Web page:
Weeknote 30 – 31
- Just before London went into lockdown Ella presented a video at the first Curate TV evening. Fun night - sort of like a meetup or something, but watching youtube videos rather than talking which is more my vibe anyway. Hopefully there’ll be more of them after lockdown settles down. If anything there’ll be a few more empty units that need occupying in East London.
- While I was in the neighbourhood dropped into Artwords and picked up the two new dayglo helvetica design books; Full Scale False Scale by Experimental Jetset, and Lou’s Good Services.
- One of the things that (I imagine) make me such a delightful colleague are my endless life-rules for being a professional designer. If you’re looking for inspiration that’ll make your heart soar sorry I got nothing. But if you need a kick up the arse to help you jump the fear and get the job done, well.
- Anyway, there are only two design briefs; 1. selling more stuff, or 2. making the stuff you’re already selling more efficient (ie, cheaper/more profitable).
- Sounds reductive. And it is. But design costs money to implement, and designers don’t (or shouldn’t) work for free. Those costs need to pay for themselves. And that either means helping your client sell more stuff, or helping them reduce costs.
- Prove unquestionably that your design functionaly answers the appropriate brief and you’ll likely get huge amounts of leeway to dick around with the form, whether that’s pushing the limits of technology, engaging with the dialogue, making the world a better place or whatever. Or alternatively wrap it up there and go to the pub.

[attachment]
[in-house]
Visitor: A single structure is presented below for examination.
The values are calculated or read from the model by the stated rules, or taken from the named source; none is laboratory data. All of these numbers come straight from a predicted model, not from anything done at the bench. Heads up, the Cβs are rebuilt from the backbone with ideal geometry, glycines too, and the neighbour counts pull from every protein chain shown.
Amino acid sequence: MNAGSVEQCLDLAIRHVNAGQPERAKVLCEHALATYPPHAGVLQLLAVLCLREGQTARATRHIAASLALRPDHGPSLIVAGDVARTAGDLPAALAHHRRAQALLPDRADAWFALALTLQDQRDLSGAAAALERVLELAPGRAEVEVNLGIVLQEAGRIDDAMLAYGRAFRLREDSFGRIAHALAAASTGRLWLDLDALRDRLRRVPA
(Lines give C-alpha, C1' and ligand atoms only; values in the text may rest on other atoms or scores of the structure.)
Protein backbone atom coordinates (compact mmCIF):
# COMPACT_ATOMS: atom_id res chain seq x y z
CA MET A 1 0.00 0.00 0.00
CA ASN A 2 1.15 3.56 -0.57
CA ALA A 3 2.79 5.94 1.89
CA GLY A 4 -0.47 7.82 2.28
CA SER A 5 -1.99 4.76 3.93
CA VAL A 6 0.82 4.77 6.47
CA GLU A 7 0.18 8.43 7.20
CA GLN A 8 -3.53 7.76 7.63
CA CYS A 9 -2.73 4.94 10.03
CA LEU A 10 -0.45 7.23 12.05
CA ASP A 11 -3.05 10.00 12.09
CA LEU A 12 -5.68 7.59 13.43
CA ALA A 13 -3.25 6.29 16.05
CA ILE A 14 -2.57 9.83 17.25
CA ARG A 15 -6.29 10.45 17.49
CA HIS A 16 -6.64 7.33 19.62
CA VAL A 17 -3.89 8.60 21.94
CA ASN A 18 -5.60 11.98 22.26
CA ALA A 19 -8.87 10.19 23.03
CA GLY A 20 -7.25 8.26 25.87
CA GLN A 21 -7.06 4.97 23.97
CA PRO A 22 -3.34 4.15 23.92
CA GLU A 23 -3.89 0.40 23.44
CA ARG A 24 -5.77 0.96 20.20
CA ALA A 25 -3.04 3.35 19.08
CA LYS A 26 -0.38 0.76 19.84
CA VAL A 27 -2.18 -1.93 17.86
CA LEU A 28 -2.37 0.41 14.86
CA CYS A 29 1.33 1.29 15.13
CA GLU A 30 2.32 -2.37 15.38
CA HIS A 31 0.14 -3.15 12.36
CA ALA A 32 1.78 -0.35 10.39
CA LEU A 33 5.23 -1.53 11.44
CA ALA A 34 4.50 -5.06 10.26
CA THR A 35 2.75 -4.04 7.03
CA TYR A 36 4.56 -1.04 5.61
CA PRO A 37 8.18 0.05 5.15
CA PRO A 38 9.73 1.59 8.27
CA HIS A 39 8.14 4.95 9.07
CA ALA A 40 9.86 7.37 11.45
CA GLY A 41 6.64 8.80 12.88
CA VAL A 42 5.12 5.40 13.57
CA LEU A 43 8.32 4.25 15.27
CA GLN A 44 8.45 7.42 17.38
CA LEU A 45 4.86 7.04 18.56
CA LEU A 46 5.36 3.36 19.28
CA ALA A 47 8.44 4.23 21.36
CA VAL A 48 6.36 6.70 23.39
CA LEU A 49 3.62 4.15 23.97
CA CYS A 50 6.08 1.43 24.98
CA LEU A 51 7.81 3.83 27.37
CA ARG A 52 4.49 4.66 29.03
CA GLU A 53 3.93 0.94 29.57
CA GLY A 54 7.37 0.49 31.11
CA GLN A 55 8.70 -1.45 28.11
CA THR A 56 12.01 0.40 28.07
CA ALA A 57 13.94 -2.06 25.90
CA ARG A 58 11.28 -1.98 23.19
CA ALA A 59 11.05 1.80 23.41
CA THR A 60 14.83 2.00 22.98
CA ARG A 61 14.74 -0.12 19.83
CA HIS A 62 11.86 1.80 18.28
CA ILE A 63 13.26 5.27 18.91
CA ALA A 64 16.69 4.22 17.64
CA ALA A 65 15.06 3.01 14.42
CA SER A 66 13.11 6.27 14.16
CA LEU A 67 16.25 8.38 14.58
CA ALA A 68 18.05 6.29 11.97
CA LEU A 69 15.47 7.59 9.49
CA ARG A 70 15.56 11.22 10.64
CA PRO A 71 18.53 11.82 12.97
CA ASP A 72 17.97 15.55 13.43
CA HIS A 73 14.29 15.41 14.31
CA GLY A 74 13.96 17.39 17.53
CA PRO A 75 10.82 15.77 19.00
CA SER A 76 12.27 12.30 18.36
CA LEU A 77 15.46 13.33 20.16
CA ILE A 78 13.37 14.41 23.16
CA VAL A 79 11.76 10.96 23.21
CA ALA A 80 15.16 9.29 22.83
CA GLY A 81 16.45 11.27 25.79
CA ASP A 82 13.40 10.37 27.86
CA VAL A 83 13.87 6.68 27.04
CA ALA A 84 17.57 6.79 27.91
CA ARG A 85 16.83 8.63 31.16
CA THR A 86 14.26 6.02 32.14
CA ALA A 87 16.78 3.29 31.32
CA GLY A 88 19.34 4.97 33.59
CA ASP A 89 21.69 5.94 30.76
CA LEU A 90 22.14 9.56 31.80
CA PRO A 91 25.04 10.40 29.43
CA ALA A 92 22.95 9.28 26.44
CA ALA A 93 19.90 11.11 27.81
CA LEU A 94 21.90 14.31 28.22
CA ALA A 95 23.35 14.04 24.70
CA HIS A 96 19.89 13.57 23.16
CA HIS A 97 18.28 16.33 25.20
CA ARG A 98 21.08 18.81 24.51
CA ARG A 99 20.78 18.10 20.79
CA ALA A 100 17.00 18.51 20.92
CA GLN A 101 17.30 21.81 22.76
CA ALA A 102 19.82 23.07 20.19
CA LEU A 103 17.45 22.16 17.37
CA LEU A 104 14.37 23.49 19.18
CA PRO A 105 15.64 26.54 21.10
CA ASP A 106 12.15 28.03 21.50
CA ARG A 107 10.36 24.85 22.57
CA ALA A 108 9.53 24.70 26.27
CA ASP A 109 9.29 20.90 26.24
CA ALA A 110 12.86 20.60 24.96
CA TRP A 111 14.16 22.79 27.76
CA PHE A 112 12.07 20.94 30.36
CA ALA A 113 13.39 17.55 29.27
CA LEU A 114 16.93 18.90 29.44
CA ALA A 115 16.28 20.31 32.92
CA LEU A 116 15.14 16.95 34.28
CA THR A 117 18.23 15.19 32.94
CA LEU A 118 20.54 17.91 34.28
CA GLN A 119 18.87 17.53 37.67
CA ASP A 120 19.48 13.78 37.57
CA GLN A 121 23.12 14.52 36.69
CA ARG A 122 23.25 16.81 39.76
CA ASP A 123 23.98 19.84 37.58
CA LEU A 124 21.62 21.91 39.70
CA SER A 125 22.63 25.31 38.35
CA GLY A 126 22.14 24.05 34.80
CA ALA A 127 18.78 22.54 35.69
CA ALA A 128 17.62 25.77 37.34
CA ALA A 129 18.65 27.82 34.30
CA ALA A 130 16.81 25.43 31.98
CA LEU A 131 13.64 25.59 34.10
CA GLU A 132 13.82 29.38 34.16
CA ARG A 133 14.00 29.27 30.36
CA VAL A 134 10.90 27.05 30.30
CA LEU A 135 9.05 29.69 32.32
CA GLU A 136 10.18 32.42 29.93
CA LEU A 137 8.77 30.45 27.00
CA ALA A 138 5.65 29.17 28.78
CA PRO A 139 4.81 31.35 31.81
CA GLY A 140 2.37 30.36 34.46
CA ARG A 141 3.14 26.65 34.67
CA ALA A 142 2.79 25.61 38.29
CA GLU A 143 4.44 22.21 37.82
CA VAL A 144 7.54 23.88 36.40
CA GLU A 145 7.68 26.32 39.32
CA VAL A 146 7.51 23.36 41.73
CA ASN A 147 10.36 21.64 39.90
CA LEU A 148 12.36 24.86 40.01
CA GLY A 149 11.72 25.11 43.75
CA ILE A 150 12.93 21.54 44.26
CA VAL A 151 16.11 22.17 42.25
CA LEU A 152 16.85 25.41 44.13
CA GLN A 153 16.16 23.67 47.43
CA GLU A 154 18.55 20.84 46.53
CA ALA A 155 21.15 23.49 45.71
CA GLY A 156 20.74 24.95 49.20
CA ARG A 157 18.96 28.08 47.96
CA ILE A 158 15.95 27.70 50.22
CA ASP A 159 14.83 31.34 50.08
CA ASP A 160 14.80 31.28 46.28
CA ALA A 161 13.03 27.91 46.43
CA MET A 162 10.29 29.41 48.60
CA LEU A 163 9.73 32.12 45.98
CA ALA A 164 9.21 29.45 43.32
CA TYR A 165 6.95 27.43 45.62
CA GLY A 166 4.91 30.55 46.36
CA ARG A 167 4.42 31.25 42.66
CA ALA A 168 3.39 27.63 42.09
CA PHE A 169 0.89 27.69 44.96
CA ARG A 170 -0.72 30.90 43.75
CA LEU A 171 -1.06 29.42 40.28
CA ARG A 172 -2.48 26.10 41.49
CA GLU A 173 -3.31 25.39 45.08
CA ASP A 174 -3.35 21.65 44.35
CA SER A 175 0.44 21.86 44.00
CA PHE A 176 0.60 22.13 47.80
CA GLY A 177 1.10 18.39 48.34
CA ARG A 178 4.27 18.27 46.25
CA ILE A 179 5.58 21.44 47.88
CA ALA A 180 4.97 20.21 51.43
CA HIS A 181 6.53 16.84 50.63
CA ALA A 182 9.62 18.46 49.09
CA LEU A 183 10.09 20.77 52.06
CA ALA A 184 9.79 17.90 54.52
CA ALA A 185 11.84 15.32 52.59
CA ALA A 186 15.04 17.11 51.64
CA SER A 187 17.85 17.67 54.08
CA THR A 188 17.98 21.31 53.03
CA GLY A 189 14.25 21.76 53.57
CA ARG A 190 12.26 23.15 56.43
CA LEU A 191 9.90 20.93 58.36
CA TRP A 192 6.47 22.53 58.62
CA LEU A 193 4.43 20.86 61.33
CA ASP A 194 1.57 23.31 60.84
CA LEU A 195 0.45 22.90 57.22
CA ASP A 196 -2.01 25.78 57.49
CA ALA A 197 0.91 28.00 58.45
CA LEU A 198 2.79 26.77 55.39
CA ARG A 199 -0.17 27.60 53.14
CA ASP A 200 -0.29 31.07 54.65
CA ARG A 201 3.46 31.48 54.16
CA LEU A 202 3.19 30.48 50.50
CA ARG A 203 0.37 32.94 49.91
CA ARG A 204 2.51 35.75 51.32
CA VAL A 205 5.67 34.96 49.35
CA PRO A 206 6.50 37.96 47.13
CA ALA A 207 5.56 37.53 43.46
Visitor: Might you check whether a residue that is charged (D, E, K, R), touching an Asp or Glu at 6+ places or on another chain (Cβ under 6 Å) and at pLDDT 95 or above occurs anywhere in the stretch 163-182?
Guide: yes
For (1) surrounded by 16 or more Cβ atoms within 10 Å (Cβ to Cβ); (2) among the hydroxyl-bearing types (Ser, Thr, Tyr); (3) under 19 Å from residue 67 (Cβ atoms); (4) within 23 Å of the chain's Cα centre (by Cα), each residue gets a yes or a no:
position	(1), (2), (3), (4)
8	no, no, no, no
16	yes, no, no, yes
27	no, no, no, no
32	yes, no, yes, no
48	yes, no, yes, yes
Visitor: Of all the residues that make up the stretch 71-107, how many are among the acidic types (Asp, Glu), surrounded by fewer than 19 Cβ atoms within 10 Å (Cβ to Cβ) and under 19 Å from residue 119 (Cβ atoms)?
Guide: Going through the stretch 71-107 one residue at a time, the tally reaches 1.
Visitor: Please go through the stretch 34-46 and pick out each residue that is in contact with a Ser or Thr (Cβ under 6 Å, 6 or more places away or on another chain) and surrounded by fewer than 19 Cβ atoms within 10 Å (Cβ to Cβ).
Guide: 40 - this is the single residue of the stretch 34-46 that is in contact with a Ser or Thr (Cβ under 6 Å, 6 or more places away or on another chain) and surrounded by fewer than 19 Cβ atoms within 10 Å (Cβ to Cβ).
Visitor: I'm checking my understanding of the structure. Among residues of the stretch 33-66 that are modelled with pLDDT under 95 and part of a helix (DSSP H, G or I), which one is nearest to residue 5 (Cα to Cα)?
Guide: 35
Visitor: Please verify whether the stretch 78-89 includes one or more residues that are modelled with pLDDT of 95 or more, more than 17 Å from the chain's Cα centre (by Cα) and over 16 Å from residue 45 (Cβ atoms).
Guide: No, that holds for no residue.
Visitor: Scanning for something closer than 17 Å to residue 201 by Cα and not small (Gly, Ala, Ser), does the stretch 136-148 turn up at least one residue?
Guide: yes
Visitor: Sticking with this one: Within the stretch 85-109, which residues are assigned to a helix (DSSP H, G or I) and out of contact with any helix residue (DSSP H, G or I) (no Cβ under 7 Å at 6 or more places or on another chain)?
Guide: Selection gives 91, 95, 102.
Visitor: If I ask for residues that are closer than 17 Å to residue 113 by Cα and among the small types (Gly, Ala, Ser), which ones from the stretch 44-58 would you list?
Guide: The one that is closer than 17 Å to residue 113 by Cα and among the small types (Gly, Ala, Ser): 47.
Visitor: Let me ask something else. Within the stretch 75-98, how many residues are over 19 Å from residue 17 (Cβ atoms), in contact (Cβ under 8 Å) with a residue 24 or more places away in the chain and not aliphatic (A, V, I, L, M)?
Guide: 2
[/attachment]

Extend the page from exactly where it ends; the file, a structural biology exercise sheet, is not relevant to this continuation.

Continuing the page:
- The design industry predominantly only talks about the first brief - whether that’s experimental graphics or pricey chairs or whatever James Dyson is selling this week. All the books are about that stuff, and design academia and criticism only ever talk about designed objects as an extension of art criticism.
- Makes sense, it’s where all the cool looking stuff is made (looks great in books and blog posts) and where all the money is spent on press releases (fills the wordcount). But I’d argue most of the interesting important work happens in response to the second brief. Reducing the environmental production footprints, reducing failure demand costs in complex services, that sort of thing.
The International Style.
Full Scale False Scale, Experimental Jetset
- Full Scale False Scale 1 is definitely a book about the first brief. It’s a very long, verbose catalogue of the visual research that Experimental Jetset carried out in preparation for their site-specific installation at MOMA New York. It’s boring, beautiful and so sincere it must be ironic.
- Don’t know how to feel about it, but it must make Michael Beirut angry so maybe that makes it good?
Use computers and humans for what they're good at.
Good Services, Lou Downe
- Good Services 2 is definitely a book about the second brief. Probably the first design book I’ve read since Massive Change that seeks to write about work answering the second brief and smash it into the dialogue which only knows how to talk about the first. But less keynote-y than Massive Changes. More like Elements of Architecture but for services.
- Also, it looks great.